Opening the qvevri in the middle of April, I discovered that the sediment did not settle at the qvevri’s bottom. Instead the wine seemed to be in a constant vortex. I racked the wine into a carboy where the particles did settle. It was bottled in late June.
You learn from the past. This year I hope to acquire grapes by early September and crush the grapes prior to putting them into the qvevri. I also plan to add stems this time, omitting them last autumn. I have not decided on the variety, I will have to see what is available.
One of my major concerns last year was oxidation. The wine is not oxidised. I did burn some sulphur over the wine in the qvevri before sealing it last November. This ancient winemaking method worked well. If one wants to truly make a natural wine that lets the grape express itself, qvevri winemaking is the way to go.
This photo was taken of the wine and the qvevri. The wine spent the last two weeks in a carboy settling.
Two weeks ago Kathy and I racked our wine out of our buried qvevri. The wine was cloudy and the skins had not dropped from the surface. My theory was that the wine was in a constant state of motion while in the qvevri. A day after racking into a three-gallon glass carboy, there was a layer of sediment on the bottom. After two weeks, I decided to rack the wine into a new carboy. The sediment reminded me of dead yeast cells. There were also some very small specks of skin from the grapes. Since I had an extra quart of wine, I was able to rack and full three gallons and had some left over for tasting.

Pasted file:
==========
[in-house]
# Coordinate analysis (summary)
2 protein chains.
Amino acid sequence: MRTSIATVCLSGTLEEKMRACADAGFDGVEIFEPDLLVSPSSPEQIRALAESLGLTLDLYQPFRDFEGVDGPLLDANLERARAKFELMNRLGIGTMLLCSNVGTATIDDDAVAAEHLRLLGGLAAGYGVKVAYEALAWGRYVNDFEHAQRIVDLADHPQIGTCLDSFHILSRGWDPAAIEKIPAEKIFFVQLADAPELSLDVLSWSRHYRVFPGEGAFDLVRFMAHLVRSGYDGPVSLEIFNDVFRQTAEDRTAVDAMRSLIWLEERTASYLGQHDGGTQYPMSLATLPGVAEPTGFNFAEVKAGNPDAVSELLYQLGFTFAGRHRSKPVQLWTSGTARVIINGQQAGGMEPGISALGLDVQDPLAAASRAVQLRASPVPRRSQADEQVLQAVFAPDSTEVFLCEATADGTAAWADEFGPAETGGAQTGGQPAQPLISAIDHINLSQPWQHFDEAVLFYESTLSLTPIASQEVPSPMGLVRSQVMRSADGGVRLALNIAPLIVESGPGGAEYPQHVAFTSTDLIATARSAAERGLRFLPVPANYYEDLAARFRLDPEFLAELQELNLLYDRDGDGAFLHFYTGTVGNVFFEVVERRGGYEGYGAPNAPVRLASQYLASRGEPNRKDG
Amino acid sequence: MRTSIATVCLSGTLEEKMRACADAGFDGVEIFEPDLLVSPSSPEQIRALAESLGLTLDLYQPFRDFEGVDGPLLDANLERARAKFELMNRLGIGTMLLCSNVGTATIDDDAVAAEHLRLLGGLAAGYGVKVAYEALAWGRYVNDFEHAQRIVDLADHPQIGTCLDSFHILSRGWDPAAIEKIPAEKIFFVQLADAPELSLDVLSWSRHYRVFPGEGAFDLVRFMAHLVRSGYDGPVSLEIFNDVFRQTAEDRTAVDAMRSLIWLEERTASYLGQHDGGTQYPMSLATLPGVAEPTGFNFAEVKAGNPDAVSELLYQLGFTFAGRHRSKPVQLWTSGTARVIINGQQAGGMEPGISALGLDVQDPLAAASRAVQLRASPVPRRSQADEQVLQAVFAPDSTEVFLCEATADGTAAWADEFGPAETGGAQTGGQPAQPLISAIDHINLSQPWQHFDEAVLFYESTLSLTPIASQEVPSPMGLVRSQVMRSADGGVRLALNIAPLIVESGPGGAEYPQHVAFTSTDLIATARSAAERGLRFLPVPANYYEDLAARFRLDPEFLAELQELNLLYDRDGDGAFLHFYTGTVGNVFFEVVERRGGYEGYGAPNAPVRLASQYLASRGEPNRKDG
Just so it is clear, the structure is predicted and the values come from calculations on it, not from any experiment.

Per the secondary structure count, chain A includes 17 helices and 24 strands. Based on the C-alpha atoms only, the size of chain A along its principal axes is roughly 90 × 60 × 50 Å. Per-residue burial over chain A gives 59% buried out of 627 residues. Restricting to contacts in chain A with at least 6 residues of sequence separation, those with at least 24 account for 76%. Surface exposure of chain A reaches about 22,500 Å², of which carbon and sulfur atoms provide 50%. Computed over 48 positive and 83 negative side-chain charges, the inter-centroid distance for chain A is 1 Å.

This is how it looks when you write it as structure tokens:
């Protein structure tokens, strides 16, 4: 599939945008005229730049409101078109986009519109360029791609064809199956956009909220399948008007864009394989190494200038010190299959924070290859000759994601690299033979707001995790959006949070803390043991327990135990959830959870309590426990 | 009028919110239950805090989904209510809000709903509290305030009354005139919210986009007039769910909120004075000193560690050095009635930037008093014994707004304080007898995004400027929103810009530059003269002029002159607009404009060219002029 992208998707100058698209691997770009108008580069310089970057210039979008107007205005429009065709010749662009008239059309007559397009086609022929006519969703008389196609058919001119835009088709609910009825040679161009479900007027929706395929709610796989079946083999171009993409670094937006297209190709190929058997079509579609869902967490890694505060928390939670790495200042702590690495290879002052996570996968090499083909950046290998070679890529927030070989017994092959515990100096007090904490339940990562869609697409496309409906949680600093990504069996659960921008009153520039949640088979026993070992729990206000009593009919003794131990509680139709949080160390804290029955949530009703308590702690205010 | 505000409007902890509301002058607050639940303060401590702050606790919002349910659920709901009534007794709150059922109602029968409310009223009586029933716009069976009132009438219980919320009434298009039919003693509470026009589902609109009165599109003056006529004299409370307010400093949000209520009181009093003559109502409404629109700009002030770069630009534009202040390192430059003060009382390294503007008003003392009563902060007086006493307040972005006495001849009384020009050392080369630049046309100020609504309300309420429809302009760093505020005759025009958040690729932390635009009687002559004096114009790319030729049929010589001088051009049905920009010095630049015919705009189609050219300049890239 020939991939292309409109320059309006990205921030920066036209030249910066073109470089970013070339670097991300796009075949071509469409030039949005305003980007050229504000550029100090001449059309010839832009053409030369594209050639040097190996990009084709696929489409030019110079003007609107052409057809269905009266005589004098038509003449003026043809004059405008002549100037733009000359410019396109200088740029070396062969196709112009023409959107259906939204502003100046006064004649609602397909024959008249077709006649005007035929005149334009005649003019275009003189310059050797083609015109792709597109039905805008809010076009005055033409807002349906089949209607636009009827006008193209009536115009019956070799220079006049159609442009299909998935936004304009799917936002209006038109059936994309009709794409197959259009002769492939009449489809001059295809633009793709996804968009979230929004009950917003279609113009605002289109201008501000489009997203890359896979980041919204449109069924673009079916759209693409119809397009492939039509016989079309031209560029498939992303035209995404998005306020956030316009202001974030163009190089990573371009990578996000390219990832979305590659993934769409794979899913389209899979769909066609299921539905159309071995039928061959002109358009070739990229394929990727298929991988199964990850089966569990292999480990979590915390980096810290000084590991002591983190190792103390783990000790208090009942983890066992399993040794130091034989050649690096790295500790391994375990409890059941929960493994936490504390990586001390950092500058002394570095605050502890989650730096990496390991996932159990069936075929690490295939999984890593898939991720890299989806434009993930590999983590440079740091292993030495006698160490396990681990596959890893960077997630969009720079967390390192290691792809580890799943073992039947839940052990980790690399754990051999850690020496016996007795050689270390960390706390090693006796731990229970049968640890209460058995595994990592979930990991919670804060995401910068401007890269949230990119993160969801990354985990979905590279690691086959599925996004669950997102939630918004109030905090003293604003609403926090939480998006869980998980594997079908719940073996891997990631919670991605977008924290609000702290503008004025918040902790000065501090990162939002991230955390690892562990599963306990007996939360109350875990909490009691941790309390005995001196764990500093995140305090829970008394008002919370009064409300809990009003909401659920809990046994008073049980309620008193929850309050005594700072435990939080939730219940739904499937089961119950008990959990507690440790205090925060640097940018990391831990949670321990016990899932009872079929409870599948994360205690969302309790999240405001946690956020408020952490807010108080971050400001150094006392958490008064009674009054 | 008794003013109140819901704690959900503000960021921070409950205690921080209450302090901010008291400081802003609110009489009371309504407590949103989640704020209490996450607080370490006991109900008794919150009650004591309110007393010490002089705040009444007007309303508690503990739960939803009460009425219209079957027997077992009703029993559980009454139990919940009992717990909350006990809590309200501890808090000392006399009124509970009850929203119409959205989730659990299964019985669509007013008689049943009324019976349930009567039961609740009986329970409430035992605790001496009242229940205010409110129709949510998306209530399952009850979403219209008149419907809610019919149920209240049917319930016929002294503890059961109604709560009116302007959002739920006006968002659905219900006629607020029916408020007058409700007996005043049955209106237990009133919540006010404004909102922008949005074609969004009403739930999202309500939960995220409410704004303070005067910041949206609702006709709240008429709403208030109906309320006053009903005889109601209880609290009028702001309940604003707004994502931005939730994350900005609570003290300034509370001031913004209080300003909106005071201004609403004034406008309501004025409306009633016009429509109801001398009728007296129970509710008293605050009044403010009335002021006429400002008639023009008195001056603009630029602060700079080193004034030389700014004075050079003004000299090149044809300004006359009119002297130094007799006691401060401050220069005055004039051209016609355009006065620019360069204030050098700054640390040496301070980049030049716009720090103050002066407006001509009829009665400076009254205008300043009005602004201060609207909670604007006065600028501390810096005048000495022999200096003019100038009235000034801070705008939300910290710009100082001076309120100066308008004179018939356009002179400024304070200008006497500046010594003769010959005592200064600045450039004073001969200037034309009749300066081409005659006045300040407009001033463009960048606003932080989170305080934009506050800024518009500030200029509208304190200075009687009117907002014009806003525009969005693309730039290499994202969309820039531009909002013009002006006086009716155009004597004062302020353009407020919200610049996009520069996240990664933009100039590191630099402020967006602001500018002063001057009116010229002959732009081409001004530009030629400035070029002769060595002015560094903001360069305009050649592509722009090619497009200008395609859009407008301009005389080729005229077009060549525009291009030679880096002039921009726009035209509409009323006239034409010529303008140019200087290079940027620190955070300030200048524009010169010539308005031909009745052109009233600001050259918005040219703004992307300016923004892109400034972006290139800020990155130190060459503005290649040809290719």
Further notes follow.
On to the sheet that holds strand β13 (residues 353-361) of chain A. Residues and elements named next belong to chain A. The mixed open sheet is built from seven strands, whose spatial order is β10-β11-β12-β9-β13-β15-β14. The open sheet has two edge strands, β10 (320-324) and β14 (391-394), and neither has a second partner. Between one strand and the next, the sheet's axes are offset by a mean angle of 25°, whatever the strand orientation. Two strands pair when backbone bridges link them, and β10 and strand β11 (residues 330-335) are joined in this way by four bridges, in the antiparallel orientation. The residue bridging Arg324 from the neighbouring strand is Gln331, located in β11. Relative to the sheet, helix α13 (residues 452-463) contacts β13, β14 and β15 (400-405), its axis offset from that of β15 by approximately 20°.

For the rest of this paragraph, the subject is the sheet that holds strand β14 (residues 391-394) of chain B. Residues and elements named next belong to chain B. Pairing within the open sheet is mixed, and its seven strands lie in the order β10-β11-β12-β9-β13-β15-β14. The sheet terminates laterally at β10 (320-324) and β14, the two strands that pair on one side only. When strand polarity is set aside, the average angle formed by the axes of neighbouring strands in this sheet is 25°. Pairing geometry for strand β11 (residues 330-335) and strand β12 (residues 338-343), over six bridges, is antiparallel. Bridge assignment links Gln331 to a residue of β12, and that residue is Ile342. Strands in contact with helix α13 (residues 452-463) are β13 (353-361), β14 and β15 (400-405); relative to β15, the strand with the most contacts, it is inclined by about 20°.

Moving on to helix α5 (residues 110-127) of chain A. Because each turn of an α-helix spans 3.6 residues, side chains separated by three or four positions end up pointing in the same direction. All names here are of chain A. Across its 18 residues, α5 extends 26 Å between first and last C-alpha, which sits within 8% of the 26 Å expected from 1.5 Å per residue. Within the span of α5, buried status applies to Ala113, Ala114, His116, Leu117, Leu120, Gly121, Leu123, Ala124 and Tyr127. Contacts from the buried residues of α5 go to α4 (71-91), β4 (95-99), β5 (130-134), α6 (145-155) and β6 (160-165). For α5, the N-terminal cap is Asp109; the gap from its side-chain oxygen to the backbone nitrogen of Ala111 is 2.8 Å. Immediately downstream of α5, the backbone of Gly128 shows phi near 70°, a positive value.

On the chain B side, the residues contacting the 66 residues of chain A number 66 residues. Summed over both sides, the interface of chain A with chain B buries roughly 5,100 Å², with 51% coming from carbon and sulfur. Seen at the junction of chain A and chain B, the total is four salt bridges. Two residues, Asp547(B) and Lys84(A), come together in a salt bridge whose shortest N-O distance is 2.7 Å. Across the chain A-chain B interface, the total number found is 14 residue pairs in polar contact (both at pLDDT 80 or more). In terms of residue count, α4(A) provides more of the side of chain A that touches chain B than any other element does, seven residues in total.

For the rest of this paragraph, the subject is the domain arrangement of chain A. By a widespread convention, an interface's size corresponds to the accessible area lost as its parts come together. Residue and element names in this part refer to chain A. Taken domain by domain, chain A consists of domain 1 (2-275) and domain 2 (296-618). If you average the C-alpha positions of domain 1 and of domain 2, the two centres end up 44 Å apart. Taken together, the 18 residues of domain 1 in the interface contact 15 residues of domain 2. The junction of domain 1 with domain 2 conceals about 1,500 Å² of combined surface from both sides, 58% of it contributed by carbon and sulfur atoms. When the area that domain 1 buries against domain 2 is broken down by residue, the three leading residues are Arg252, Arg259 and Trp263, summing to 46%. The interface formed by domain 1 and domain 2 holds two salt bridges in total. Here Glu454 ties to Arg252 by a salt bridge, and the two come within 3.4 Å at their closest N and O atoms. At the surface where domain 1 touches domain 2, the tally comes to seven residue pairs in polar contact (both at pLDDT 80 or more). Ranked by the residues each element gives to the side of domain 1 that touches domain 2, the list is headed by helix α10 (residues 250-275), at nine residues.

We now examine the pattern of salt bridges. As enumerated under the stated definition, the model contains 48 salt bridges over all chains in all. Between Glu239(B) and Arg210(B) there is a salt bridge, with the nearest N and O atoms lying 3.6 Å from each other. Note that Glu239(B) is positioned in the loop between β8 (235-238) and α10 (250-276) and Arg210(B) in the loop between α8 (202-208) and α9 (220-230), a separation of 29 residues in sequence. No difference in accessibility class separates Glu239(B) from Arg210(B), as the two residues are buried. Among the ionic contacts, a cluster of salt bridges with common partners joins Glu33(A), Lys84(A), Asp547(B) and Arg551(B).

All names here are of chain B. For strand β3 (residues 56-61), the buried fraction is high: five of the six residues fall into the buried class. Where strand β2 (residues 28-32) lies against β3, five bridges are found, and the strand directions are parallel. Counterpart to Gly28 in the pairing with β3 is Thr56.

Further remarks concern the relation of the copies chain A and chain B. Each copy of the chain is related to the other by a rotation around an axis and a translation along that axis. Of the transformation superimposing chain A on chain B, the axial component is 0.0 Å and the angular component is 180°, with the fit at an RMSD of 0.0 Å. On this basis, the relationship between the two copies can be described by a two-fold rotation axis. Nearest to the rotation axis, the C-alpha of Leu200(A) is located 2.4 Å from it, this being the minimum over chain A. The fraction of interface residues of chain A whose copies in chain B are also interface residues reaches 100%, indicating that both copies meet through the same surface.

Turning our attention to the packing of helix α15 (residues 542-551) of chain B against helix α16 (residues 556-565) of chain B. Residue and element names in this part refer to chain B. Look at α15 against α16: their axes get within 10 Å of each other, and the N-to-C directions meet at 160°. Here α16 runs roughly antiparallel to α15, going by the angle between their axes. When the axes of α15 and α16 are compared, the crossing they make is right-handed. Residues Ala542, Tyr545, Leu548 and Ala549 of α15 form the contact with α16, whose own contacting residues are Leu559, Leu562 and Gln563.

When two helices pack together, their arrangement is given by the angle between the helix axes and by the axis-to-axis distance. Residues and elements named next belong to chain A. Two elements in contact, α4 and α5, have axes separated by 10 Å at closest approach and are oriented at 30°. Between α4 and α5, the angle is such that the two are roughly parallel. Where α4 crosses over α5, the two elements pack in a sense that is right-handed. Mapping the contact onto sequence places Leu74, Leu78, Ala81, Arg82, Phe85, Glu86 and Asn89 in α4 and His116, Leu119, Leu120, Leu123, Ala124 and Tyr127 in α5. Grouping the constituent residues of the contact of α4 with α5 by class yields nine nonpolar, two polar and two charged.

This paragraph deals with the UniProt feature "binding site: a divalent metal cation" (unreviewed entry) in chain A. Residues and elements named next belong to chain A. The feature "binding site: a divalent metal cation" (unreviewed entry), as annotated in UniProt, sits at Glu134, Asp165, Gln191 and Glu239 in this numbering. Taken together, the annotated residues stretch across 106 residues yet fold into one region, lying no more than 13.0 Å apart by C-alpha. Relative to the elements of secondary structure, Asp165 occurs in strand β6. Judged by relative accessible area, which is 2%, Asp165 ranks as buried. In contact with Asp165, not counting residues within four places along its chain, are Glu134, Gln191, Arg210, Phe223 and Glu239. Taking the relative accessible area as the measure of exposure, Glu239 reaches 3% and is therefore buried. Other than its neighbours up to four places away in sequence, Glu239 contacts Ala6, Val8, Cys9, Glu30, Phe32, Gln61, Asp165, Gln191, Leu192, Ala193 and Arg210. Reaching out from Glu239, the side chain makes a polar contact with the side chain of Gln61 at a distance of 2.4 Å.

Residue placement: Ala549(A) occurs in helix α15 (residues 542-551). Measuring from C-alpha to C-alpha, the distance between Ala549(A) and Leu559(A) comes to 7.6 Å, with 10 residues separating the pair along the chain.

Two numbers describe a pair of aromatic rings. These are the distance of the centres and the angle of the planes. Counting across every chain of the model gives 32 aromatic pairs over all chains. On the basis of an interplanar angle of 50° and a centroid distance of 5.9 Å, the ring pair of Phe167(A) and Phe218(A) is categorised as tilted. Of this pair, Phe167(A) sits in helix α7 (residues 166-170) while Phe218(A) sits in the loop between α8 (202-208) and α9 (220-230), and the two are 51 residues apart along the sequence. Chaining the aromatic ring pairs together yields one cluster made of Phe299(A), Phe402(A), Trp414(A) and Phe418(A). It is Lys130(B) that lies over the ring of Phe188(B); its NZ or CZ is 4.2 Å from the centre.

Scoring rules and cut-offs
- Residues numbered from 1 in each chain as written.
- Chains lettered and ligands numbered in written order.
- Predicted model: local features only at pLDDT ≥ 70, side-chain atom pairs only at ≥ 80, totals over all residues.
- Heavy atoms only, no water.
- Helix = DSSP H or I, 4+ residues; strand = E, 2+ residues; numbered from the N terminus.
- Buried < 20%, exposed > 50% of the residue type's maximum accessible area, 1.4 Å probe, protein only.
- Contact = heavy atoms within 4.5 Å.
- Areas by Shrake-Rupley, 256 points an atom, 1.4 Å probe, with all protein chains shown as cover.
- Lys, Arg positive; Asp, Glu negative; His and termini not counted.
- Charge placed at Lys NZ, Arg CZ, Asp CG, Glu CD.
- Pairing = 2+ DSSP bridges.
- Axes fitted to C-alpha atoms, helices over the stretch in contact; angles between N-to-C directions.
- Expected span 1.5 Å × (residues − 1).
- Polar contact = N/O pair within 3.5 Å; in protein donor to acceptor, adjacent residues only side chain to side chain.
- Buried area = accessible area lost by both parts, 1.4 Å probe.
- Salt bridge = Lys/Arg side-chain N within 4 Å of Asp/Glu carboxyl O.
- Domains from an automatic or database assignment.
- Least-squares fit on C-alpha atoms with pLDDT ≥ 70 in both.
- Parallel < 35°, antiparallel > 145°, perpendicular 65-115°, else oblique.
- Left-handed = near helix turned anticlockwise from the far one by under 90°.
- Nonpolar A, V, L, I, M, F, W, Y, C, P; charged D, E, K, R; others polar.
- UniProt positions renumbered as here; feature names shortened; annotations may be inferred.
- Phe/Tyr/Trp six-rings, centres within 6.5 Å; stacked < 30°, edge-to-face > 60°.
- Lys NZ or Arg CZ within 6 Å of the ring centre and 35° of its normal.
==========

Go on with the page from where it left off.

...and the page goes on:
This qvevri wine was made with Muscat grapes sourced from Lodi, California. It was a cloudy yellow color. The aroma was very floral with some orange blossoms. Orange was predominant on the taste. The wine was full bodied, one of the first signs that it spent time (six months) on the skins. Other wines that I have had made with Muscat grapes were lighter bodied than this qvevri wine. There was a faint trace of tannins. The wine had a long aftertaste and a bit of alcohol heat. It has 14% alcohol.
If I were to make this wine again, I would put some stems in the qvevri. I have been told that the stems will help with settling within the qvevri as well as add some tannins to the wine. I enjoy tannins in a wine. My next qvevri wine will be made with whatever grapes I can source locally. I am considering Viognier, but would also investigate if I can get some Rkatsiteli. There is a grower in Virginia growing Rkatsiteli. My reaction to our first qvevri wine is that it is OK, but can be improved. Looking forward to this year’s harvest and some locally sourced grapes.